Monday, May 28, 2018 | 10:13 p.m.
In Vegas, this is how we do the Stanley Cup Finals.
Rapper Lil Jon performed a concert for thousands of fans outside T- Mobile Arena before the Vegas Golden Knights took on the Washington Capitals, soul singer Gladys Knight sang “God Bless America” during intermission, and boxing legend Michael Buffer belted out the starting lineups and a “Let’s get ready to rumble” prior to puck drop.
So, yes, the stars were shining bright in Las Vegas.
But on the ice it wasn’t the stars who factored into the outcome of the monumental game . NHL leading goal-scorer Alex Ovechkin was mostly silent with only two shots on goal for Washington, and Marc-Andre Fleury had a forgettable night allowing four goals for Vegas.
Instead, it was the Golden Knights’ always under-appreciated fourth line that won the game, scoring three goals in the third period to power Vegas to a 6-4 victory and a 1-0 lead in the Stanley Cup Final.
Tomas Nosek scored the eventual game-winning goal to give the Golden Knights a 5-4 lead with 10:16 to play, then finished the Capitals off with an empty net goal in the final seconds.
“They are warriors for us and they got rewarded tonight,” Vegas coach Gerard Gallant said. “It’s great when you see those guys get rewarded. They’re a big part of our group and you guys all know that. It’s nice to see those guys chip in with a few goals.”
Despite scoring only seven goals on the season, Nosek’s play has been vital to Vegas’ success. Whether it’s providing important minutes on the fourth line, blocking shots in the defensive zone or killing penalties, he has done the thankless jobs required for a deep playoff run.
Now, on hockey’s biggest stage, Nosek made the spectacular plays that everyone noticed.
“It’s awesome to see,” Vegas first-line winger Jonathan Marchessault said. “Those guys on the fourth line don’t get enough credit. They work hard — probably work the hardest. They play well, play the right way and they don’t get as much ice time as they want but they managed to get those big goals for us and that says a lot about our team.”
Shea Theodore made a great play on Nosek’s game-winner, holding the puck in the zone after his original shot deflected off a defender’s leg. Theodore skated into the faceoff circle, found Nosek waiting on the backdoor and Nosek one-timed the puck past Washington goalie Braden Holtby.
“It’s a great feeling,” Nosek said. “You play in the Stanley Cup Final maybe once in your life so you try to enjoy it. I think every kid who is playing hockey dreams about scoring in the Stanley Cup Final, or winning it. I’m just happy the goal helped the team win the game.”
But even in a two goal performance, Nosek’s best play of the night was of the workman variety.
Nursing a one-goal lead in the final minute, the Golden Knights were desperately trying to hold on as the Capitals applied pressure with an extra attacker after pulling the goalie.
The puck was pushed back to Ovechkin for a one-timed slap shot, but Nosek dove in front of the man who recently won the NHL’s hardest shot competition and got his stick on the puck. He immediately leaped to his skates and hustled down the ice to collect the puck and put it into the empty goal mouth.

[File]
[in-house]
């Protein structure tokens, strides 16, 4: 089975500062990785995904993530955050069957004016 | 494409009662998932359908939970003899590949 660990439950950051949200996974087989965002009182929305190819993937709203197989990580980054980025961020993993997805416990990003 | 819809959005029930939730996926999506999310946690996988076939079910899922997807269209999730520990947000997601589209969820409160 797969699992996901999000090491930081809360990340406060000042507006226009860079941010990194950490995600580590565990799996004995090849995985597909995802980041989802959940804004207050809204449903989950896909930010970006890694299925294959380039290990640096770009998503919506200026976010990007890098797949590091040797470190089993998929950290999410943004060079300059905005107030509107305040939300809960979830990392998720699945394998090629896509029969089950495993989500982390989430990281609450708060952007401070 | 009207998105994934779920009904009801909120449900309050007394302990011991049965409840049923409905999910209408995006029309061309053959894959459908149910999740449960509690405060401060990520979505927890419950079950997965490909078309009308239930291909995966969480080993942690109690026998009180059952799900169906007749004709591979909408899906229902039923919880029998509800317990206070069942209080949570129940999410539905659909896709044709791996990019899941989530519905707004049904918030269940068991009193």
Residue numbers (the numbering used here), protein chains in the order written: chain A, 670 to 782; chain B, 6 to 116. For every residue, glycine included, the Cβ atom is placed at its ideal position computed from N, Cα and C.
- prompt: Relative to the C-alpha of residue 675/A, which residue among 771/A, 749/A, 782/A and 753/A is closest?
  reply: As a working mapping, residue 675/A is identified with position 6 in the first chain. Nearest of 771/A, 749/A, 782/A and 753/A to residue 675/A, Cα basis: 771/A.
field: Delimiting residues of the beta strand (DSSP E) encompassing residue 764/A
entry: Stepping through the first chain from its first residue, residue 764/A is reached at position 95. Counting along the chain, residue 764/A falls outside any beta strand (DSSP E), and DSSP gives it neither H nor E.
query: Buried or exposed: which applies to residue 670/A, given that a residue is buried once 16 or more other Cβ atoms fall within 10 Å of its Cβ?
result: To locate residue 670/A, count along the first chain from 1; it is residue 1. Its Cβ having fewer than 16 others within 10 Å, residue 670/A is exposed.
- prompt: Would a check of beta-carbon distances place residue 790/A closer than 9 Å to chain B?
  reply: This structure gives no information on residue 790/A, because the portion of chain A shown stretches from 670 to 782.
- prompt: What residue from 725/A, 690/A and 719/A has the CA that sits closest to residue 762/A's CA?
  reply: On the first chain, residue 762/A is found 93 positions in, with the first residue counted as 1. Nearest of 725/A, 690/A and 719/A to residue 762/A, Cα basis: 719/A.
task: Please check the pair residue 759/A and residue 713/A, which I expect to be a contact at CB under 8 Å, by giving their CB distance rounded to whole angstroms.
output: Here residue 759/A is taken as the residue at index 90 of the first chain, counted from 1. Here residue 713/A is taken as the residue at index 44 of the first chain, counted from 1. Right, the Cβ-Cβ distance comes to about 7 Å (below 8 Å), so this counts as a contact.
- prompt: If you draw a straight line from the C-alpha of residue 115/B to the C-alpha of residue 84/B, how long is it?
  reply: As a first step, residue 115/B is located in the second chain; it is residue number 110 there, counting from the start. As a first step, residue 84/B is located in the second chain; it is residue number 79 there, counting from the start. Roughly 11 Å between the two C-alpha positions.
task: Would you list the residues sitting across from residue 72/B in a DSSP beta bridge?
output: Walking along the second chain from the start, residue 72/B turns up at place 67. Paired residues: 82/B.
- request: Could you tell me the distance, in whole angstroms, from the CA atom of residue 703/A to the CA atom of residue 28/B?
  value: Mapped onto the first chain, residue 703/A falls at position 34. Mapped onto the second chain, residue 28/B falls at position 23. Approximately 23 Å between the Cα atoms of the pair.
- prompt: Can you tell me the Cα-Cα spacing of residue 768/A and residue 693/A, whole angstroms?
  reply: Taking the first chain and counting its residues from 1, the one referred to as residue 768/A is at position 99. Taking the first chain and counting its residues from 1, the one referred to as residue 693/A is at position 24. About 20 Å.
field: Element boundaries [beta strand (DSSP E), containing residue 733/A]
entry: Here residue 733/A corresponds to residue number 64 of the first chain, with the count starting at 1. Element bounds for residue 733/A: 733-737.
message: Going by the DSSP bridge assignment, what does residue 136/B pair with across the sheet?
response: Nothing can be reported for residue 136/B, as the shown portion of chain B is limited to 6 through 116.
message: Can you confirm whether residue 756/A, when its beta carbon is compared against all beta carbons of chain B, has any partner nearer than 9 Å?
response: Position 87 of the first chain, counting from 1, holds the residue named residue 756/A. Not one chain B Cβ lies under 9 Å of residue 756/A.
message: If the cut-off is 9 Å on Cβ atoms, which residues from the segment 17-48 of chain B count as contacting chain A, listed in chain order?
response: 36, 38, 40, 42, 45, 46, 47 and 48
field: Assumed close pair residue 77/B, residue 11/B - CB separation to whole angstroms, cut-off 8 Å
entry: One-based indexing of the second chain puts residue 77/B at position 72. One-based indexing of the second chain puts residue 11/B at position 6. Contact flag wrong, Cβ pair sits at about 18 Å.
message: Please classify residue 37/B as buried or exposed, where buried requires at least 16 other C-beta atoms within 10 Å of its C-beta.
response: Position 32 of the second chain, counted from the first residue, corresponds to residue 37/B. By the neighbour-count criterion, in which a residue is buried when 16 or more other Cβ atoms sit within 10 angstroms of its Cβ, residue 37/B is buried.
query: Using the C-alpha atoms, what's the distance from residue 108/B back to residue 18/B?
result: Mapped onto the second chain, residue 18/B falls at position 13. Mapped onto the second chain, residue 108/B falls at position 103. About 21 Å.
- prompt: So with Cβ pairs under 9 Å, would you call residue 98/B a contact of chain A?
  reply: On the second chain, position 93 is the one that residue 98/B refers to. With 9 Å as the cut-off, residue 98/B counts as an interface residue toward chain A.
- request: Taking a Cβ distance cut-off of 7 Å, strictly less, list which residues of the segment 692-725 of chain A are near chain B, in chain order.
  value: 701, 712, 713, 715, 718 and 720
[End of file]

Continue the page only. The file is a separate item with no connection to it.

“I felt good for him because he’s a guy that works hard every game,” fellow fourth-line forward Pierre-Edouard Bellemare said. “It’s been an easy year for me to play with him, and sometimes we don’t create a lot of offense but tonight it bounced right for us. It’s nothing magical we did, or a crazy recipe. We are just trying to outwork whoever we’re playing against and tonight we got rewarded.”
The goals were only Nosek’s second and third playoff goals of his career.
“The so-called fourth line went out there and battled hard,” Gallant said. “They got pucks below the goal line and that’s how you score goals. In a tight series when teams are blocking shots, big (Ryan Reaves) goes hard to the net, Nosek makes plays to the net and Bellemare competed hard.”
It was Reaves who scored the game-tying goal early in the third. Vegas fell behind for the first time in the game, 4-3, and the momentum seemed to be tilting towards the Capitals. Then Reaves shoved his defender to the ice in front of the Washington goal, received the puck and lifted it top shelf.
It was Reaves’ second spectacular goal in as many games. He had scored only one playoff goal in the 41 postseason games prior.
“I’m just trying to enjoy the ride,” he said. “You don’t get to this position very often in your career, so we have to enjoy it. I love this group. I love every guy on this team from the owner down to everybody.”
Reaves was certainly enjoying the moment, even caught singing along with the in-arena music at one point.
“I’m always having fun. I love this game and you can’t play it forever so you have to have fun while you’re doing it. If you showed me more you’d see me singing a lot more.”
Reaves has given the cameras more reason to focus on him lately, trading his former enforcer role for one that fits with Vegas’ style of play. He has yet to drop the gloves as a Golden Knight, including Monday night when Washington bruiser Tom Wilson took Marchessault out of the game momentarily with a late blindside hit.
Many assumed a fight with Reaves would soon follow, but he was too occupied scoring game-changing goals to bother with a scrap.
For all of the glitz and glamour of Las Vegas — including the insanely long and masterfully choreographed pregame festivities — the Golden Knights have won this year by outworking teams.
The only difference, is now they’re doing it in front of the entire hockey world.
In the locker room following the game a reporter asked Bellemare why the world is just now discovering Nosek.
“Because you aren’t watching enough hockey, I guess,” Bellemare replied with a smile.